Kathryn Bate is an environmental consultant at Groundsure. In this blog, Kathryn discusses how football clubs in London are including new housing developments in the redevelopment or relocation of their stadiums. If you have any questions about this blog, you can contact the commercial consultancy team at [email protected].

With property prices in London increasing and space at a premium, a number of football clubs have included new housing developments within their plans to redevelop or relocate their grounds. This gives fans, who are willing to pay premium property prices, a chance to live close to their club (1).

Research conducted by Halifax in 2013 found homes located near a Premier League football ground were rising in value faster the national rate. Wider regeneration of the local area often occurs alongside the redevelopment of a ground, including the improvement of transport links (2), which can support the increase in value. In addition, research published in 2011, focusing on Wembley Stadium and Arsenal’s Emirates Stadium in North London, found house prices increased within 5km of the development from the time the stadium plans were announced (3).

Here are just a small number of examples of football clubs in London redeveloping their grounds with housing included in the plans.

Chelsea FC, West London

Apartment buildings within Chelsea’s Stamford Bridge complex have proved popular and have shown that residential dwellings around a busy football stadium can be successful (1). When the club redeveloped their Shed End stand back in the late 1990s, they also developed what was known as the ‘Chelsea Village’, which included apartments, shops and a hotel.

The club are keep to expand the capacity of their current stadium, with a planning application submitted to Hammersmith and Fulham Council in November 2015, however further residential dwellings were not included in this new application for ground expansion (4). The £500m stadium development was approved by the Mayor of London in March 2017 (5) and as part of the agreement Chelsea will pay towards housing improvements in the local area.

Brentford FC, West London

Brentford Football Club were granted planning permission for a new ground by Hounslow Council in December 2013, which was subsequently approved by the Mayor of London and the government in February and March 2014 (6). The development of their new ground on Lionel Road South near Kew Bridge, will include 900 new homes and is one of the largest communities of new homes to be developed within London (7). The top floor flats are set to come with a view or a partial view of the new pitch (8). The first phase of the development got underway in March this year (9).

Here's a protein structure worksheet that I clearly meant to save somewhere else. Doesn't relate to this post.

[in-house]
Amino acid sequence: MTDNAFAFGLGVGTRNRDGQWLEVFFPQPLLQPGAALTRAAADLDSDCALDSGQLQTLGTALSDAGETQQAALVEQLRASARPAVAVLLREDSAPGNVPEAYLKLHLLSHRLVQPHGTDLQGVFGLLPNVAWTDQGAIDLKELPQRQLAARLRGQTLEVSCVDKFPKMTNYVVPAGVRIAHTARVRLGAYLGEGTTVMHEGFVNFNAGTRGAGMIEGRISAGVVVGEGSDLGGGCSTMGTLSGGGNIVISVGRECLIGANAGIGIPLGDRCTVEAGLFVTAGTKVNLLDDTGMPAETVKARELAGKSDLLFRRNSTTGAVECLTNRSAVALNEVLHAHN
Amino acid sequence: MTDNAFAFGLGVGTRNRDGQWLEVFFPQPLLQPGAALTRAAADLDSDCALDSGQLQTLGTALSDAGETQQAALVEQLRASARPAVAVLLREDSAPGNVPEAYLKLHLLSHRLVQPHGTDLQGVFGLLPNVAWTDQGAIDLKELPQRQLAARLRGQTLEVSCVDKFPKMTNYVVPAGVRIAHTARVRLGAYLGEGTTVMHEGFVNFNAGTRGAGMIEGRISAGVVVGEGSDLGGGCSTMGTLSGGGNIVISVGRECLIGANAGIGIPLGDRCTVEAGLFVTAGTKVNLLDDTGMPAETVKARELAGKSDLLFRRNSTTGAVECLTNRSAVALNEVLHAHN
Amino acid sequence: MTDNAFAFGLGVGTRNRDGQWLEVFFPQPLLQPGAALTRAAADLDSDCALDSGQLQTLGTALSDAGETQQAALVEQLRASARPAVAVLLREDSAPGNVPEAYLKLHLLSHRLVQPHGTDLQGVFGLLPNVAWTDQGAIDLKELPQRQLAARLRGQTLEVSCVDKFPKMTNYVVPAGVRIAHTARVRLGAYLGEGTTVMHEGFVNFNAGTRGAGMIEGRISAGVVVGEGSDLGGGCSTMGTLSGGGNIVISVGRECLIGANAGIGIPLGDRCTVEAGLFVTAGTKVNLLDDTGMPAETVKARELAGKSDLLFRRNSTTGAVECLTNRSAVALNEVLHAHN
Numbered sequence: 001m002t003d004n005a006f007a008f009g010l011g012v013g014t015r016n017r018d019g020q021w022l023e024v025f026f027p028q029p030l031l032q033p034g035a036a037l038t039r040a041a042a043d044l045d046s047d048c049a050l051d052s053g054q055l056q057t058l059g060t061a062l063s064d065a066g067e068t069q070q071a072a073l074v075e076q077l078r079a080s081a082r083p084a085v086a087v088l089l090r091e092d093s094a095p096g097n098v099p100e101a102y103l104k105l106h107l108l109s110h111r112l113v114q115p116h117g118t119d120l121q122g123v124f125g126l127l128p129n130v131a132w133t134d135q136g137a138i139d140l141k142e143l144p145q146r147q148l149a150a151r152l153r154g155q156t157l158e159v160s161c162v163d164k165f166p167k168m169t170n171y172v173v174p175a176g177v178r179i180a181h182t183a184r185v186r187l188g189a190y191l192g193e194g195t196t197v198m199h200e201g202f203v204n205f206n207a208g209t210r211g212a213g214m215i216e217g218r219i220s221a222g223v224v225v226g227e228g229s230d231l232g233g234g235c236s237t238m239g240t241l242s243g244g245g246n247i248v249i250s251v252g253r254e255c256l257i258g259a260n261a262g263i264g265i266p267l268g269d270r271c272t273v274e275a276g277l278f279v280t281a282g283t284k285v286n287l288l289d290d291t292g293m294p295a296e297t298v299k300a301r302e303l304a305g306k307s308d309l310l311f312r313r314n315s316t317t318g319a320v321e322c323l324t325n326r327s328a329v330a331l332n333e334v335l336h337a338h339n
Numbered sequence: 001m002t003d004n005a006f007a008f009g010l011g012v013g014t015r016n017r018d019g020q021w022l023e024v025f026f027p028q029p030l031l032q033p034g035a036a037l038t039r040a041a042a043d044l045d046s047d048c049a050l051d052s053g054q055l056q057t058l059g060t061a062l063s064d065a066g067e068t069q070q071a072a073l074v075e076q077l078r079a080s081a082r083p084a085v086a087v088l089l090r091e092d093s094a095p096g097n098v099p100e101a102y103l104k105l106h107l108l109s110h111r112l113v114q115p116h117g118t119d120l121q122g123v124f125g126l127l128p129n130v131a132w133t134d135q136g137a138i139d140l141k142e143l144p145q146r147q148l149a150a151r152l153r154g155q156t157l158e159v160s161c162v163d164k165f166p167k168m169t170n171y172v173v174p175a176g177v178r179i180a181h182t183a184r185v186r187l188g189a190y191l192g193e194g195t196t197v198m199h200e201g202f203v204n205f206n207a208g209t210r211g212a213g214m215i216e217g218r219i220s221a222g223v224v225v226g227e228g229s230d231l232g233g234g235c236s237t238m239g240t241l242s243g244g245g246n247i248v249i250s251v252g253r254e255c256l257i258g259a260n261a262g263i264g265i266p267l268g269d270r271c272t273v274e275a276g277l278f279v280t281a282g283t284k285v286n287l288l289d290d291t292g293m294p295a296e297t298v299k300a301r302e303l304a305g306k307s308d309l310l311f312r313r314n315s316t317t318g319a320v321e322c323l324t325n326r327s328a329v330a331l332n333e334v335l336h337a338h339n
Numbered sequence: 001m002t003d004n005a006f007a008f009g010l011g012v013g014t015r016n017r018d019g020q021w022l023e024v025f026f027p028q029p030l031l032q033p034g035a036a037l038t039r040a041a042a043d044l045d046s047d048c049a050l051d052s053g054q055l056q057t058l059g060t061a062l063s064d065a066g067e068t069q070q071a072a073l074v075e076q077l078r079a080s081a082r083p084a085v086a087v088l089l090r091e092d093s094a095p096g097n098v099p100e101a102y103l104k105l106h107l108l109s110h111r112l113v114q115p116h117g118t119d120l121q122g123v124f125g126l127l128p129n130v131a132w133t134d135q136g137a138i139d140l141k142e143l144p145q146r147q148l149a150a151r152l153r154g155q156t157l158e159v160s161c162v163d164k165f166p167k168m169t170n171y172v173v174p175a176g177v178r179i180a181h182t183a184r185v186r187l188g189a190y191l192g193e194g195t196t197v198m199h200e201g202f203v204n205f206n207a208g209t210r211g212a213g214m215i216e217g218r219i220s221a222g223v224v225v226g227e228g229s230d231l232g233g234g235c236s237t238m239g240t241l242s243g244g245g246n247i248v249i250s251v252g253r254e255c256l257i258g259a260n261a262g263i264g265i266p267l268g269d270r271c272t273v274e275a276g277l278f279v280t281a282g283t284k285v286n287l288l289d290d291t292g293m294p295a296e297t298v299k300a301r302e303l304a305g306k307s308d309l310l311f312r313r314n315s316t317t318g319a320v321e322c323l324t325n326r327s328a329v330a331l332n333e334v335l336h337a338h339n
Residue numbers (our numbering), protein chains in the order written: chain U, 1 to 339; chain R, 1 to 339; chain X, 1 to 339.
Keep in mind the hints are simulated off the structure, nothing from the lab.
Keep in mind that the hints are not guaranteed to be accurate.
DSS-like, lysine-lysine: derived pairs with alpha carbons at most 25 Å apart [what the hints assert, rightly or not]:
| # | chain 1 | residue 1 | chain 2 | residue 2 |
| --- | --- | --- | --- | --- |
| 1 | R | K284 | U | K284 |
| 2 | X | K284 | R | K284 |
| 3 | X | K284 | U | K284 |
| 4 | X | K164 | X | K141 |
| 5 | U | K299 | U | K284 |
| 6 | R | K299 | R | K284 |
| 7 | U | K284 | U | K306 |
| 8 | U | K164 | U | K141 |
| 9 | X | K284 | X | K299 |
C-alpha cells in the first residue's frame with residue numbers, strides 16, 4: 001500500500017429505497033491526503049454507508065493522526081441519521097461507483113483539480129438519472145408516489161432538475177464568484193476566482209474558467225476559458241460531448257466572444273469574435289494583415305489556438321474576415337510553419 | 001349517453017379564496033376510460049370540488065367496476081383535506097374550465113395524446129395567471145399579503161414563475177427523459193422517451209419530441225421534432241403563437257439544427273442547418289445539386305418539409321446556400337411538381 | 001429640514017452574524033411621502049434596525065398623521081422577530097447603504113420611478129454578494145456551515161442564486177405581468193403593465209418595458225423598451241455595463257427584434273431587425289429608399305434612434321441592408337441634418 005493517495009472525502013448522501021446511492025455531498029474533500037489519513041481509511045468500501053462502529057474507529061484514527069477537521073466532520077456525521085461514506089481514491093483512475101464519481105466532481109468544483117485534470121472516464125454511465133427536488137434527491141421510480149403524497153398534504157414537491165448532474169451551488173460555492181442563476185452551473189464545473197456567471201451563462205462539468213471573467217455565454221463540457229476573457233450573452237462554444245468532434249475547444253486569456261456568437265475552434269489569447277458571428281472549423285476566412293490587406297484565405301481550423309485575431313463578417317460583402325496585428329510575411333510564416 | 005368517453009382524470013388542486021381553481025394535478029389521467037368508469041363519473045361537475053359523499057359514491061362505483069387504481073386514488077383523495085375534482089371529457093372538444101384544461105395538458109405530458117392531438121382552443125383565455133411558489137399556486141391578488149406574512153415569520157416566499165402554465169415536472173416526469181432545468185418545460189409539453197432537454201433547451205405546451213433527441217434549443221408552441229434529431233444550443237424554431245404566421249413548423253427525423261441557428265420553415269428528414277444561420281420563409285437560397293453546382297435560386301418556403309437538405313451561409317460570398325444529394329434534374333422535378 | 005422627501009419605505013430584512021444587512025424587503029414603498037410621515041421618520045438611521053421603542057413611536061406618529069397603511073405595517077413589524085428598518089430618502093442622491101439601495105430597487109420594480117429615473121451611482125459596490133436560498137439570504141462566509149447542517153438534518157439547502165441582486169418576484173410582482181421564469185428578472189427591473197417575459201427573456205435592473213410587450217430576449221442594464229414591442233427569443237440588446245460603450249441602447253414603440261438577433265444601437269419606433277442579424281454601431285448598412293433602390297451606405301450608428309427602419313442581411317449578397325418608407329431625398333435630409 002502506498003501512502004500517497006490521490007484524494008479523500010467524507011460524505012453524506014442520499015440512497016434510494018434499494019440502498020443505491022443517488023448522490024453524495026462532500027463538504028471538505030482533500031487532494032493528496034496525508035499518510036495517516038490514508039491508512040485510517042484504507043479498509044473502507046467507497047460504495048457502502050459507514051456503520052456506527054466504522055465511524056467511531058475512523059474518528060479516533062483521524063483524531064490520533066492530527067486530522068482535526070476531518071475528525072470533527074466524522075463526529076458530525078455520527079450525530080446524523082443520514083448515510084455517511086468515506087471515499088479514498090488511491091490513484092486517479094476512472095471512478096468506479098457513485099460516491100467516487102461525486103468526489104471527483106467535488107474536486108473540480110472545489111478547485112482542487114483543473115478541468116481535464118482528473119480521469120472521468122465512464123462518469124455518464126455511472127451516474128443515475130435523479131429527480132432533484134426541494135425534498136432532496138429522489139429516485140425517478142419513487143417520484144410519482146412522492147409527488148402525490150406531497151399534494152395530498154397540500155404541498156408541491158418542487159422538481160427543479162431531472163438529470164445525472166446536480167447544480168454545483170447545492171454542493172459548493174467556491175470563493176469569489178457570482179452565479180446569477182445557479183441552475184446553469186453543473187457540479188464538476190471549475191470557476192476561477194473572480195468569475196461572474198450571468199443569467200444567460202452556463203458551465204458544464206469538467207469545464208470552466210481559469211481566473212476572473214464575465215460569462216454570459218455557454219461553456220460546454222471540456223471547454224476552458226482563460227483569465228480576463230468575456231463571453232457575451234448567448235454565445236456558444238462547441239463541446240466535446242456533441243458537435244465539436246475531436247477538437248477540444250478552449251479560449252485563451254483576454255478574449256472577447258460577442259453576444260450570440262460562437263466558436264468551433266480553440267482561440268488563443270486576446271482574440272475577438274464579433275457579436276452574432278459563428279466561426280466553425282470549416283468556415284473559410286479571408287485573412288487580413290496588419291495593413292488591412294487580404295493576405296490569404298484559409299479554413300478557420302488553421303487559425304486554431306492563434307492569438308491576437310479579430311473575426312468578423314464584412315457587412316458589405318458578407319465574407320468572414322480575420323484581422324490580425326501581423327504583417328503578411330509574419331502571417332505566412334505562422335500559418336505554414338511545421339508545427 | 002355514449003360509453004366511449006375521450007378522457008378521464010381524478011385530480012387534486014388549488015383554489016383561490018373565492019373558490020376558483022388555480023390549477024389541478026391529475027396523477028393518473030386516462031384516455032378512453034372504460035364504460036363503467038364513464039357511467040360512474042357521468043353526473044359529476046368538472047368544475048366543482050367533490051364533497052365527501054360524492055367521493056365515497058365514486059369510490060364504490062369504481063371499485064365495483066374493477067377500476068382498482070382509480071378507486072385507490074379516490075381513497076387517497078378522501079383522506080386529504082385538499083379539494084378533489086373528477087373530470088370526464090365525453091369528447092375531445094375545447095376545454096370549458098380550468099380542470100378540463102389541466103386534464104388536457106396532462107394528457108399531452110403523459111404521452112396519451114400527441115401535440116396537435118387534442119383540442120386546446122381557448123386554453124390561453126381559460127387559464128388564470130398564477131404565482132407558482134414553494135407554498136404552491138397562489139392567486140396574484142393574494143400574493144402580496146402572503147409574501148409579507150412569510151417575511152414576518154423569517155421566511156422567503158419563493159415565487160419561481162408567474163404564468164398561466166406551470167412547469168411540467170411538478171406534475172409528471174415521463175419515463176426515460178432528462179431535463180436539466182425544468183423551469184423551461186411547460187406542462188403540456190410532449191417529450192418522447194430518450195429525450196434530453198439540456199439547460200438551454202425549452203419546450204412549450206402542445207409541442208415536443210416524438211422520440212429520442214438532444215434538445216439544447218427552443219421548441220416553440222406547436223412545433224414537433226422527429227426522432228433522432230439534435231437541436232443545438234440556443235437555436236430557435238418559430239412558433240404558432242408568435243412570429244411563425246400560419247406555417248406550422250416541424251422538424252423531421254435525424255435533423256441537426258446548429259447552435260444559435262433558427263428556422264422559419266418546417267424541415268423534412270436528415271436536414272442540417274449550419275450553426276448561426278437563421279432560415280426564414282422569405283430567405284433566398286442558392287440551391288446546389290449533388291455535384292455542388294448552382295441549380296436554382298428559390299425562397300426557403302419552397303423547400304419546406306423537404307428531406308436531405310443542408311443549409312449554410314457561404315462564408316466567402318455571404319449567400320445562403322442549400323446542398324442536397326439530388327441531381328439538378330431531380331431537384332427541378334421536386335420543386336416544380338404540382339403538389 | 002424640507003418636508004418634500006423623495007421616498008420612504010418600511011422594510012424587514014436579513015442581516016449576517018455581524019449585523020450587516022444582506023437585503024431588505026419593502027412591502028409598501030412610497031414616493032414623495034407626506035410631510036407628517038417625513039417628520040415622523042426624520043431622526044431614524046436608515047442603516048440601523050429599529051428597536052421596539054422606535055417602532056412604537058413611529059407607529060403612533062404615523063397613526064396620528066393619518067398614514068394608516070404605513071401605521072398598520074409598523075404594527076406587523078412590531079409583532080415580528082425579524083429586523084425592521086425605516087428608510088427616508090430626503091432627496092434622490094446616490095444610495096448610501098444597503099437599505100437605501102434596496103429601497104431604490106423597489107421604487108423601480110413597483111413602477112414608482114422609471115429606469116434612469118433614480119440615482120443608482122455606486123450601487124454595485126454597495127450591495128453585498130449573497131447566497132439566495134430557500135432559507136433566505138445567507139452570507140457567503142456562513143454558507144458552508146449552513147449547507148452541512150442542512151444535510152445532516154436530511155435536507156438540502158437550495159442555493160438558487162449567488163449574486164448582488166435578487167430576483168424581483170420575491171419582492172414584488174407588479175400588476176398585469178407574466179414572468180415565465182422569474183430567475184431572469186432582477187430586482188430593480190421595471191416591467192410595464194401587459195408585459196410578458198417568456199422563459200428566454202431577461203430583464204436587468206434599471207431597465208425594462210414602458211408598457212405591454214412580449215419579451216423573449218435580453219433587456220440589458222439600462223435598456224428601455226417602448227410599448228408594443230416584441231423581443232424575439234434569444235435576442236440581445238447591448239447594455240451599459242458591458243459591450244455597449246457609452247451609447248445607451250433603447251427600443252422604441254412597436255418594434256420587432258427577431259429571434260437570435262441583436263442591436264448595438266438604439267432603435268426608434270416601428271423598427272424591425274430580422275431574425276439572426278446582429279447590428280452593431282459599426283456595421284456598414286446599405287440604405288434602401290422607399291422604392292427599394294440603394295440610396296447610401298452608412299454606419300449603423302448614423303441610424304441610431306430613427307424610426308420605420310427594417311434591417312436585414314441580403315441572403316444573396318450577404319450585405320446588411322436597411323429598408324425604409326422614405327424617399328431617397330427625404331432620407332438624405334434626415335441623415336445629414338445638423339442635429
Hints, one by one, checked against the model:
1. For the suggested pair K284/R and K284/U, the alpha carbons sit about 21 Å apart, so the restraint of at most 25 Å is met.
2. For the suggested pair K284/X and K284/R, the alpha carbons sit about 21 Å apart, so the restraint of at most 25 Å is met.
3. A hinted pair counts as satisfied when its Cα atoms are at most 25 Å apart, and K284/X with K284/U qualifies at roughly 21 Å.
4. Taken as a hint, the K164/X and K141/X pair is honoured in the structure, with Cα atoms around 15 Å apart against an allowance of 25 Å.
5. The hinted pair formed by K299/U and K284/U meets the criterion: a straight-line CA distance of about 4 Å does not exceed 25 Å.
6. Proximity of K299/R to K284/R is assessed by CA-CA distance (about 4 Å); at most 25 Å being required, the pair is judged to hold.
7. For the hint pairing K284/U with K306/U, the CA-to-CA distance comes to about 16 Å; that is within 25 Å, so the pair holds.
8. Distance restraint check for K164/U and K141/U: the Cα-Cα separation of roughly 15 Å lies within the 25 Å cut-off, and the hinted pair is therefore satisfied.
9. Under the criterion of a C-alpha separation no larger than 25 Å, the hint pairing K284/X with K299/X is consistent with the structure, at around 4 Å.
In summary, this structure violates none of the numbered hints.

When the club move from their current location, Griffin Park, this land will also be redeveloped for 75 residential properties, a project which has already received full planning consent from Hounslow Council (10)

AFC Wimbledon, South London

In December 2015 AFC Wimbledon were granted planning permission by Merton Council for a new 11,000 seater stadium plus 602 residential units at the site of the current Wimbledon greyhound stadium. The project is due to cost around £20 million and be completed by the start of the 2018/2019 football season. The greyhound stadium closed in March 2017 to allow development to begin (11,12).

An update to the planning permission in 2016 has given consent to an increased number of residential dwellings, 579 flats up from the original 285, as well as increased stadium capacity, a hotel, a community medical centre and public open space (11).

Tottenham Hotspur, North London

Tottenham were granted planning permission in 2011 by Haringey Council for the redevelopment of their White Hart Lane stadium and the surrounding area (13). The development comprises a new stadium, a superstore, a college and residential dwellings. The first phase of the development has been completed, which includes the superstore, part of Tottenham University Technical College and offices, with phase two of the development already underway. This project forms part of a larger development plan by Haringey Council to transform parts of their borough of London.

Once the developments at Chelsea and Tottenham are complete, London will also be the only city in the world home to five football grounds with a capacity of 50,000 or more (14).

Avista, the new residential search report from Groundsure, offers seven key environmental searches, including 10 years of planning applications. Click here to find out more.

Kindly shared by Groundsure 


  1. Evening Standard Homes&Property (2016) From Stamford Bridge to White Hart Lane: London’s top sporting stadiums are being transformed into new homes
  2. The Telegraph (2013) Prices of houses next to football stadiums soar
  3. The Guardian (2011) New football stadiums good for house prices, economists find
  4. Hammersmith and Fulham Council Stamford Bridge Grounds planning application
  5. Getwestlondon (2017) Stamford Bridge expansion: Sadig Khan gives approval for new £500m Chelsea FC Stadium
  6. Getwestlondon (2016) Brentford take giant leap towards building stadium at Lionel Road after compulsory purchase order granted
  7. Wilmott Dixon Brentford FC, new stadium and housing
  8. Getwestlondon (2016) New flats to come with views of Brentford FC home games
  9. Getwestlondon (2017) Brentford begin first phase of work on new ground at Lionel Road
  10. Brentford community stadium
  11. Evening Standard (2016) AFC Wimbledon cleared to build new stadium on Plough Lane as Secretary of State opts not to ‘call in’ plans
  12. Southlondonpress&mercury (2016) Wimbledon greyhounds: Two dogs to follow in 2017
  13. Haringey London Borough Council Tottenham Hotspur Football Club Stadium Development
  14. The Independent (2015) London is in the middle of a stadium boom that can make it the world capital of football